Slocum wants to know: "Do you pound the rock?"

Ranked amongst the best running backs across the country, Tracy Slocum is getting interest from all over. He's got interest in plenty of teams as well. And, he's got the usual criteria as most, i.e., what kind of academics do they have, what kind of tradition do they have and do they have a loyal following of fans. Tracy wants to know that, but he'll ask one question before all that stuff comes into play: "Do you pound the rock?"

Do you run the ball?


If you are a college and you are recruiting Clovis East (California) running back Tracy Slocum, that's what he wants to know.


Yeah, seems like a silly question, because what else would a running back want to know?


Uh-uh, no, he means do you REALLY run the ball.


Depending on how you look at it, Slocum has been a workhorse for his team, getting quite used to carrying the ball around 30 times a game. At close to 6 foot tall and weighing just under 200 pounds, he's got the body to take it, but to be honest, you can't give him the ball enough.


"Hey, I'm a running back, that's what I do, so when I am looking at a college, I want to know if they are running the ball."


Slocum comes out of a bit of a throwback offense, Clovis running the "Double Wing". That gives Tracy the luxury of being able to line up just about anywhere in the backfield, making it that much harder for teams to figure out just where he's going to go.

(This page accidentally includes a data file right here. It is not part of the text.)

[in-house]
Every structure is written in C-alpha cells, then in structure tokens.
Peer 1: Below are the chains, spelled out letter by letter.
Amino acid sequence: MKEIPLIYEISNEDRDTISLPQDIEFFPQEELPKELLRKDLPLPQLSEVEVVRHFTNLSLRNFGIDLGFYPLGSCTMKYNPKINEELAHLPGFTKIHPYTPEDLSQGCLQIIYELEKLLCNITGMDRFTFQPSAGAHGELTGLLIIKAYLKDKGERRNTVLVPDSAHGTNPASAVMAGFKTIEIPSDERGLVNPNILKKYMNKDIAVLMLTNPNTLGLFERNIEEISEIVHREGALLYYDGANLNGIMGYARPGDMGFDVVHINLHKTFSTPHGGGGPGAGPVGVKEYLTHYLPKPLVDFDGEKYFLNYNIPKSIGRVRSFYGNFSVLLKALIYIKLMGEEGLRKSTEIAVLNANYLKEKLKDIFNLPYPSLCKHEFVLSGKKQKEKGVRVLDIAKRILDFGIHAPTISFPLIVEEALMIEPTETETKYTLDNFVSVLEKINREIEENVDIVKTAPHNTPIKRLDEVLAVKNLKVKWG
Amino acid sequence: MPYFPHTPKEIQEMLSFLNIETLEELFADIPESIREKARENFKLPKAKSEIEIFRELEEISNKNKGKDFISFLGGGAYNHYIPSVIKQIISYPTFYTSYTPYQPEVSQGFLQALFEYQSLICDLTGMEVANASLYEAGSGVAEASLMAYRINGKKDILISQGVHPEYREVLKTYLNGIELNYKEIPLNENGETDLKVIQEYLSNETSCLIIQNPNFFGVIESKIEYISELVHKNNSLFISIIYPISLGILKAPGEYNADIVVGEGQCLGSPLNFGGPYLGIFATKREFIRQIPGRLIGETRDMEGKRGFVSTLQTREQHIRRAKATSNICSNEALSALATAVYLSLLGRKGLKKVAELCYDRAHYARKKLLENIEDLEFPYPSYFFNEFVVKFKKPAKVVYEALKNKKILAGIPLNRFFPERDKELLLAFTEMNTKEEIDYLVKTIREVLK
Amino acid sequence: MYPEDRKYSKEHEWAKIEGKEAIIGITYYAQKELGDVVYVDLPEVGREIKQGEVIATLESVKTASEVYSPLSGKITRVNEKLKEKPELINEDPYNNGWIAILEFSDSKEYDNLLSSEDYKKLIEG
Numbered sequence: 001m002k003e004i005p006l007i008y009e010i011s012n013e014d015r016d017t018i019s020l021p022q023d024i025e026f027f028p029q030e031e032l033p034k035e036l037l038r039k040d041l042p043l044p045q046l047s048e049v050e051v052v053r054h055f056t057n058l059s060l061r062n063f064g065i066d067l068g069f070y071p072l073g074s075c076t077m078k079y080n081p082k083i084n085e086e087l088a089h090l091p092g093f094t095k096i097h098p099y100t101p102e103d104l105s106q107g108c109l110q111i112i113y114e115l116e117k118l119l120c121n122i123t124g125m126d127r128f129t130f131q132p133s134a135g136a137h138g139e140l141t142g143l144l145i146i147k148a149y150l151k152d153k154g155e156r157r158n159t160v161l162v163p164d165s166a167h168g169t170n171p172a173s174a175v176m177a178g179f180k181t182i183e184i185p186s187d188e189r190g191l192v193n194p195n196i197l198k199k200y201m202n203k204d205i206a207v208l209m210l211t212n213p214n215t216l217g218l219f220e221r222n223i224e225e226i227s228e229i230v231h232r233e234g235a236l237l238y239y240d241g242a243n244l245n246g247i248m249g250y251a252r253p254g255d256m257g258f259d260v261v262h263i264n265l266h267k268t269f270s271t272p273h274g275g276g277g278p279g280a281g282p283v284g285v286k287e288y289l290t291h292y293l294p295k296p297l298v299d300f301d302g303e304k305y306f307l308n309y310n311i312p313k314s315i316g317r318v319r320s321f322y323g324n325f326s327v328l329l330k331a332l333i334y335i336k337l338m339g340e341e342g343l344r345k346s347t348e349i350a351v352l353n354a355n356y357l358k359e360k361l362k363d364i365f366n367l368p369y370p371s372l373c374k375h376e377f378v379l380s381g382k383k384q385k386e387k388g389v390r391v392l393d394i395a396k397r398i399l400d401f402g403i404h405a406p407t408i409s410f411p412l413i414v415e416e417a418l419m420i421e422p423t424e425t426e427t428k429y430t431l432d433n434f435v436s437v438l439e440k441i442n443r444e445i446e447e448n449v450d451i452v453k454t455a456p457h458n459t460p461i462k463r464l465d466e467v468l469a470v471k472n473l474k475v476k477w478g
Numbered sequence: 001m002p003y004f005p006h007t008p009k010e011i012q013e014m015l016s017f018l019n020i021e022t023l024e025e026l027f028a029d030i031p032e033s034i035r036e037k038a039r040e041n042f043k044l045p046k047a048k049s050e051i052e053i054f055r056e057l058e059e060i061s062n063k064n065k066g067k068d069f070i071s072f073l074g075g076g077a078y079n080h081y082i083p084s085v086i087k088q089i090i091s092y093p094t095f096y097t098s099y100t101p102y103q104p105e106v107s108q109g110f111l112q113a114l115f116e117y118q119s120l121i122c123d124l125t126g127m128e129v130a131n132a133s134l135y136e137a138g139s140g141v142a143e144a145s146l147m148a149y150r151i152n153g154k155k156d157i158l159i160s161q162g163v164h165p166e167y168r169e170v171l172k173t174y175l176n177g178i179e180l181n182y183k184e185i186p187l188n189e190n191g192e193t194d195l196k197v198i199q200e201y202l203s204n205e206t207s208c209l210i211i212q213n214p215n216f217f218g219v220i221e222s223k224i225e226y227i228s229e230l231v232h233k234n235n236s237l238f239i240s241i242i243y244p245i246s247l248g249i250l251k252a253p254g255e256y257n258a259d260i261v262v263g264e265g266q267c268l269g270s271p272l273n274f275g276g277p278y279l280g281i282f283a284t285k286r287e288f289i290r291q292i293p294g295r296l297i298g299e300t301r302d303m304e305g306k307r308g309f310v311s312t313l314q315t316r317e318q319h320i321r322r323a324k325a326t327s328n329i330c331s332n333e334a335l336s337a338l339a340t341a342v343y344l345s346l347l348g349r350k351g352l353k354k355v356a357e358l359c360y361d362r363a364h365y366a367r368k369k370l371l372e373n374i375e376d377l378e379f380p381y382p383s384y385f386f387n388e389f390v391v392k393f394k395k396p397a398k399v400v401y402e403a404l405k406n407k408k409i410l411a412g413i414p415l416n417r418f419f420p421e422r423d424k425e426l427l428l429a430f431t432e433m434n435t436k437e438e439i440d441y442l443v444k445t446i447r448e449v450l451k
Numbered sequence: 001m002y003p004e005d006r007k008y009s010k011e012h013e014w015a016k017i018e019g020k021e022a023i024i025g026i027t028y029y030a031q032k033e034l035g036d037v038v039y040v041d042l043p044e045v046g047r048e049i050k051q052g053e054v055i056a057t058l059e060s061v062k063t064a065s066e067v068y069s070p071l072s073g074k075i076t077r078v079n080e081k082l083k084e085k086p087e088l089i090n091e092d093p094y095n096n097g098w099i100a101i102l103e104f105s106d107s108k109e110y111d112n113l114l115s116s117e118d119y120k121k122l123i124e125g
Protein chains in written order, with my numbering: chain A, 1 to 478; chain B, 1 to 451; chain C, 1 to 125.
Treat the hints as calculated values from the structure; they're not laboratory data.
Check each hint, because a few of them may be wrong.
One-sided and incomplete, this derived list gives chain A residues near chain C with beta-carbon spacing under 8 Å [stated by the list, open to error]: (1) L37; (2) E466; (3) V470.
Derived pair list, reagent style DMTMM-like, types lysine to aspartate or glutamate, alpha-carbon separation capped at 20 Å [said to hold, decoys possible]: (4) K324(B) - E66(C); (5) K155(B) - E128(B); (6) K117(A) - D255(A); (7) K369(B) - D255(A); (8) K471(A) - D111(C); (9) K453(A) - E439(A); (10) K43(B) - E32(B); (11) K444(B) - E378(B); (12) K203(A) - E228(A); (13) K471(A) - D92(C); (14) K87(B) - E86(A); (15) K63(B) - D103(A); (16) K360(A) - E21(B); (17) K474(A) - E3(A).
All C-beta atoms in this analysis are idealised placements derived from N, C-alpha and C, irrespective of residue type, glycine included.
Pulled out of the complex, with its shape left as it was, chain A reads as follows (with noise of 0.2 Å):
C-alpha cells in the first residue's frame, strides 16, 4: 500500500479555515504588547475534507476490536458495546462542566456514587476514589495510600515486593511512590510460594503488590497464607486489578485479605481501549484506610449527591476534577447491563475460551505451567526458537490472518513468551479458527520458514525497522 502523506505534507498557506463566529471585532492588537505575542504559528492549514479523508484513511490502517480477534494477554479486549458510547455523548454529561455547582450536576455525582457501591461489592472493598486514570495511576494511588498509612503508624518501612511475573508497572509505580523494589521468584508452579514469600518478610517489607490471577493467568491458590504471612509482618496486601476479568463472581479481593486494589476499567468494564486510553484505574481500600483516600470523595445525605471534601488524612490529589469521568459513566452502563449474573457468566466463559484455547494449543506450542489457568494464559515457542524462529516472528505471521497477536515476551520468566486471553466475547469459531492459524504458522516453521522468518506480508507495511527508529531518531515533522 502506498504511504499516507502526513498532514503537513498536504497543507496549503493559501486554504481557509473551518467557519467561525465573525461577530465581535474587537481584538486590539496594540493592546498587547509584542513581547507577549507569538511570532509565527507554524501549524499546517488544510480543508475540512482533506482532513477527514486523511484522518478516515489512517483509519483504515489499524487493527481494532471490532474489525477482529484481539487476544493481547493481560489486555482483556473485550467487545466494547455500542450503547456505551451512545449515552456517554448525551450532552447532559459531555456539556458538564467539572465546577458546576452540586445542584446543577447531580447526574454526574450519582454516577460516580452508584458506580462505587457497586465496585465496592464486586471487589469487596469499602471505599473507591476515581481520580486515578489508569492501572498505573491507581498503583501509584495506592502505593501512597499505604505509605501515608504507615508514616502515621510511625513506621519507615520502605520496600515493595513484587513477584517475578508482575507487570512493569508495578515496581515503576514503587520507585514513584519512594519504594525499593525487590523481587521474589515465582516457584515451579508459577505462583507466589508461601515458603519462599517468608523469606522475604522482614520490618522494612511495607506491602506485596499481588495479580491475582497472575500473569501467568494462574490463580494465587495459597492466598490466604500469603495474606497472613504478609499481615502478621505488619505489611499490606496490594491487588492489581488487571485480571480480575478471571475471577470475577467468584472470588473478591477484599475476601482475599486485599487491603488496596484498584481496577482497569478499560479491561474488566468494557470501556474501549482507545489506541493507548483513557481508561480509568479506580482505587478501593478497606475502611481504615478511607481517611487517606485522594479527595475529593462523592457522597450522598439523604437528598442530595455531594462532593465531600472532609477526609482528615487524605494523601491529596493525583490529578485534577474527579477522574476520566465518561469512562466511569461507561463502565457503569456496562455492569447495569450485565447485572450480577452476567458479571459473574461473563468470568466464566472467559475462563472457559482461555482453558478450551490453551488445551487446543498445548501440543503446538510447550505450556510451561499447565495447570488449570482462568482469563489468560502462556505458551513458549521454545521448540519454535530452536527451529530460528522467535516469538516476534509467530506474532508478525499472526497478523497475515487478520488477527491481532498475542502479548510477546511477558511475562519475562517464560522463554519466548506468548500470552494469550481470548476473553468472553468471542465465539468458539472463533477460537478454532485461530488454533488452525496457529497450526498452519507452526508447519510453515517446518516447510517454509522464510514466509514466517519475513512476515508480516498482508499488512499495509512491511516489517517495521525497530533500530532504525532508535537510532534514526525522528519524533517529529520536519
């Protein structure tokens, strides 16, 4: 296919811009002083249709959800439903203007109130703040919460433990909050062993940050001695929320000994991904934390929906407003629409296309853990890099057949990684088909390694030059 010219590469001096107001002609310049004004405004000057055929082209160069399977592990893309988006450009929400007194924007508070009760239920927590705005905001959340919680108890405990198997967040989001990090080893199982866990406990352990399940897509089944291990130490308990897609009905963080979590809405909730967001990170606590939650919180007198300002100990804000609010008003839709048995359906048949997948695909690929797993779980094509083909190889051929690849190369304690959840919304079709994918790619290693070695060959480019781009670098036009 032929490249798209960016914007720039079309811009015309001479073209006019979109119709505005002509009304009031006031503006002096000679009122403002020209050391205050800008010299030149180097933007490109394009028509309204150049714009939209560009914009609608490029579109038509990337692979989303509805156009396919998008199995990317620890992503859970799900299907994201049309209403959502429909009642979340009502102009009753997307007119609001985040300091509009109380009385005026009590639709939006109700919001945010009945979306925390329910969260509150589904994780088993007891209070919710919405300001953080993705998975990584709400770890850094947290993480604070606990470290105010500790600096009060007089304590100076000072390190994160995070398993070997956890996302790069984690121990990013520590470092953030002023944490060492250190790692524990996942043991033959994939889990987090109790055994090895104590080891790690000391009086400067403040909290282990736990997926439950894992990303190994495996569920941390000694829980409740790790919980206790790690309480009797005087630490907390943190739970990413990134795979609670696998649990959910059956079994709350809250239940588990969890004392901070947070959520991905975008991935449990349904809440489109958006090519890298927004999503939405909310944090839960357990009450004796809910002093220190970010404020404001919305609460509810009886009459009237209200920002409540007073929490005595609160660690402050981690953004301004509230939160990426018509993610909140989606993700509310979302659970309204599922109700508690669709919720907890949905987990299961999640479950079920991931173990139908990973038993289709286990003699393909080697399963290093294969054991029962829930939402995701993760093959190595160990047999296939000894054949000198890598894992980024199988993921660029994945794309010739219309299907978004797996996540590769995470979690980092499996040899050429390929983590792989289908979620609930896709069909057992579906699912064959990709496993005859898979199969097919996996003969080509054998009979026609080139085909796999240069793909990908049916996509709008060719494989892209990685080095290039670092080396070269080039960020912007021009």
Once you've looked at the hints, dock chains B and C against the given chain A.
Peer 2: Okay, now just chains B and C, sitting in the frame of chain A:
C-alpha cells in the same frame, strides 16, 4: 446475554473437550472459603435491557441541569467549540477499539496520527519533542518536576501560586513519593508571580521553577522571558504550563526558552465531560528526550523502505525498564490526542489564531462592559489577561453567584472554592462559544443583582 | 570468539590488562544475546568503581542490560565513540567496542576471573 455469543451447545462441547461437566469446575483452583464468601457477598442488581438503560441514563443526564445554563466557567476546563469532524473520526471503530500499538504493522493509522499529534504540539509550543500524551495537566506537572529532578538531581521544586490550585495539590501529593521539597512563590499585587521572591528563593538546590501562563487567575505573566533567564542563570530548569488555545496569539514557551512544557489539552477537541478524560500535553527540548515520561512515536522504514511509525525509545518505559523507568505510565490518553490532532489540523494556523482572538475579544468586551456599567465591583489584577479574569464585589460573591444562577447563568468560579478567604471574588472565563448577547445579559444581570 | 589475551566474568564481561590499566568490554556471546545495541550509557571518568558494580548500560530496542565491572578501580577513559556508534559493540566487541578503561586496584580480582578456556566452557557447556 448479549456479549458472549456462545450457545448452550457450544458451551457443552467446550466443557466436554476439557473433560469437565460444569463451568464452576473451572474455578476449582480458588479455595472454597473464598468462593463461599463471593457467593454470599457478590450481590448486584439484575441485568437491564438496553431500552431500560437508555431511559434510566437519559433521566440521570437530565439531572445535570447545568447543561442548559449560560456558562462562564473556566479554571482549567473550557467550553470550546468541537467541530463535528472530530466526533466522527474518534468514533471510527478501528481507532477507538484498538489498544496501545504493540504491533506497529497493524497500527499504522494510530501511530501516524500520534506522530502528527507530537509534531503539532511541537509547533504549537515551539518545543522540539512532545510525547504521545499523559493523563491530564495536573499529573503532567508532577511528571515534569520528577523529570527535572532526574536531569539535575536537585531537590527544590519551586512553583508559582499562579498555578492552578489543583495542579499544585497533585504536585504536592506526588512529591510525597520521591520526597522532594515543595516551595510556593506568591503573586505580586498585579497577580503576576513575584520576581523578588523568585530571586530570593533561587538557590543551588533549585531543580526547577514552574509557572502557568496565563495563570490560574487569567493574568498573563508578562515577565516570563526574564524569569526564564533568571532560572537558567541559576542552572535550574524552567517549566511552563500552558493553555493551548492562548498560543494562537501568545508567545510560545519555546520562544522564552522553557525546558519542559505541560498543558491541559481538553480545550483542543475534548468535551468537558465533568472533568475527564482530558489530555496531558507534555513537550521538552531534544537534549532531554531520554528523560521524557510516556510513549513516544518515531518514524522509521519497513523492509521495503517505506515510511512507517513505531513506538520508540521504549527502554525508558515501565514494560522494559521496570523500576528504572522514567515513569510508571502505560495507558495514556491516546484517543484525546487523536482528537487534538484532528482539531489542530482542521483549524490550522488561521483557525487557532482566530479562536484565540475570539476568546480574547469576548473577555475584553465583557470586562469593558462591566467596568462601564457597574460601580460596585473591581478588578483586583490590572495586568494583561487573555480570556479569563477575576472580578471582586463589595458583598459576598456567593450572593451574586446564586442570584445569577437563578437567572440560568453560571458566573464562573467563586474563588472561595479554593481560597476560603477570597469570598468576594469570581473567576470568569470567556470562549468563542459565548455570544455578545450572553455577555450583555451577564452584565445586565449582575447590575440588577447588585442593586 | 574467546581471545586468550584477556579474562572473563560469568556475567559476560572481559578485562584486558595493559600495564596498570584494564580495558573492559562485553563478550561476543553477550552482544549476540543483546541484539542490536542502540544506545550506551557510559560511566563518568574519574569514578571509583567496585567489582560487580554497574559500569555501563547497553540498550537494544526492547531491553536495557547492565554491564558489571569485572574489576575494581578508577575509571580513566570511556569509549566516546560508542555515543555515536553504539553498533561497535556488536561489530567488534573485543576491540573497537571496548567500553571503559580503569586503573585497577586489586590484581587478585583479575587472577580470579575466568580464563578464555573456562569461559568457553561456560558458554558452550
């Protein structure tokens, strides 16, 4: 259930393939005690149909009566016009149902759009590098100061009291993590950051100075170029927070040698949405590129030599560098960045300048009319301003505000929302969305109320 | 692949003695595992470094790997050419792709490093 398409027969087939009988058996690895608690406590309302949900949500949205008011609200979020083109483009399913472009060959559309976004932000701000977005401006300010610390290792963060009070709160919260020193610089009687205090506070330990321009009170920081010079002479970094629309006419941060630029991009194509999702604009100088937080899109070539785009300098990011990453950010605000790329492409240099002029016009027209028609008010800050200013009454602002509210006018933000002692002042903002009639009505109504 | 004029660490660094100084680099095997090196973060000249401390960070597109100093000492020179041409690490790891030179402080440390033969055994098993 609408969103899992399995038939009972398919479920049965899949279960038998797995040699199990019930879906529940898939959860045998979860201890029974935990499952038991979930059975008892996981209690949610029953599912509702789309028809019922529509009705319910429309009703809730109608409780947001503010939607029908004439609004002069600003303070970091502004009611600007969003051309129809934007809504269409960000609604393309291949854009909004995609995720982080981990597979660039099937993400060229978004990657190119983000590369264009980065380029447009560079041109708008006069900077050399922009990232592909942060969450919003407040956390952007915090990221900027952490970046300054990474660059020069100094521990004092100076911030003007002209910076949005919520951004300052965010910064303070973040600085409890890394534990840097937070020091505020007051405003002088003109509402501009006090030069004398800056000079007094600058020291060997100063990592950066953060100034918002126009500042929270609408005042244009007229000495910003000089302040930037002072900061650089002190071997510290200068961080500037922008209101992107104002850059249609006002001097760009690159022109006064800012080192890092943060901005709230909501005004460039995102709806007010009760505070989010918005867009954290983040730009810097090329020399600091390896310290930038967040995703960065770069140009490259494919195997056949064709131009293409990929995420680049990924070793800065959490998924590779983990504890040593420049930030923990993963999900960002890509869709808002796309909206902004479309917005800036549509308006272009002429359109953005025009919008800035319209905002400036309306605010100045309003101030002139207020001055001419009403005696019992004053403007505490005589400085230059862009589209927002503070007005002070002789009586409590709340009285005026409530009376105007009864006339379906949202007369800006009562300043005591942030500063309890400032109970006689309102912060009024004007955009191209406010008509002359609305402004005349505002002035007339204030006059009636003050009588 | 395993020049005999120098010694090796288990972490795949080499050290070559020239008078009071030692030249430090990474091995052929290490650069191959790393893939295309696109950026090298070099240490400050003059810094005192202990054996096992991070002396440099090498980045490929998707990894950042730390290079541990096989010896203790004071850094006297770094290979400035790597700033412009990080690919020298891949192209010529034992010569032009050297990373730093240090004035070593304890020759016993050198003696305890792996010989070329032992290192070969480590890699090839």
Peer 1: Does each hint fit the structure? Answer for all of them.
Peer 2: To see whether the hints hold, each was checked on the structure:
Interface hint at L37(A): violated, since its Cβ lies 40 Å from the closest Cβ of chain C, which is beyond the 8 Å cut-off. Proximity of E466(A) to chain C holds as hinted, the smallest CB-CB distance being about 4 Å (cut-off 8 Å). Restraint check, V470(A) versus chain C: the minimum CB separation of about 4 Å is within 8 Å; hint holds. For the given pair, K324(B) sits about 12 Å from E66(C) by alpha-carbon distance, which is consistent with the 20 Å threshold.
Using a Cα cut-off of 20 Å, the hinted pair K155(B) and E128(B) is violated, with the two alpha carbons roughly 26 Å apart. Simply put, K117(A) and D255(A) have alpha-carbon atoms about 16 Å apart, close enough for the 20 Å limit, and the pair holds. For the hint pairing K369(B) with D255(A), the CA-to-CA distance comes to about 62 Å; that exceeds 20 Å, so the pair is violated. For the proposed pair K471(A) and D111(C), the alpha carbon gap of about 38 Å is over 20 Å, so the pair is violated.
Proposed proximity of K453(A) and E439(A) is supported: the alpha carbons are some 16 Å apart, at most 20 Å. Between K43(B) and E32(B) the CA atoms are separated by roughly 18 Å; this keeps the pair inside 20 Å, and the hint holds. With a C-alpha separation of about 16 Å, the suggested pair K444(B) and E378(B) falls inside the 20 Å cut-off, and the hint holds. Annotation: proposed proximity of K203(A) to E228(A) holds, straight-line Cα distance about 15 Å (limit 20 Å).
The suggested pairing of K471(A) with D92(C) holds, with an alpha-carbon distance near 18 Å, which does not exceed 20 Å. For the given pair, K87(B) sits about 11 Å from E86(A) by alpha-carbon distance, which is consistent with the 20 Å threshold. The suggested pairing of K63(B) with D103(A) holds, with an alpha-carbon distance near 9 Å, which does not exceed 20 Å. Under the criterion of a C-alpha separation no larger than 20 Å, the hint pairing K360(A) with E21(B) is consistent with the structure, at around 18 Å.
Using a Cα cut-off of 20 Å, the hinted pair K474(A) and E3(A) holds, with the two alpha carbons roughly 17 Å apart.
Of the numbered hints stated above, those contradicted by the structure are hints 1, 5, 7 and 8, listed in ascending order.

That's probably why Tracy was able to amass over 1,800 yards on the ground in what amounted to be just eight games last year, so, yeah, you can figure why he likes the idea of having as many opportunities as he can.


"With our offense, there's lots of ways we can hit you, but it's because we know it so well," Tracy said. "Most of us have been learning the double wing since we were in seventh grade, so when we get here, it's just a matter of execution."


The uniqueness of this offense means that Tracy isn't looking for a team in college that does something similar. Even the offensive styles of teams like Air Force aren't really his cup of tea. But, if you run the ball and have success running it, he doesn't really care about style, because he's seeing the substance he wants to see.


"I'm not saying I want to start my freshman year or that I want to get a shot right away," Slocum said. "But, I want to know that if I work, do what I need to do, once I get there, I'll have the opportunities to show what I can do."


"I know I am a good running back, so it only makes sense that I am looking for a place that fits what I feel I do best."


As of right now, there are six schools that are trying to convince Slocum that they are right up his alley, CAL, Arizona, Arizona State, Fresno State, Washington and Nebraska all having offered him in writing.


Of those schools, Nebraska would instantly pop out at you, but then you realize the Huskers aren't the option-running juggernaut of old, trading in the four yards and a cloud of dust for a pro-style west coast offense, courtesy of second year head coach Bill Callahan.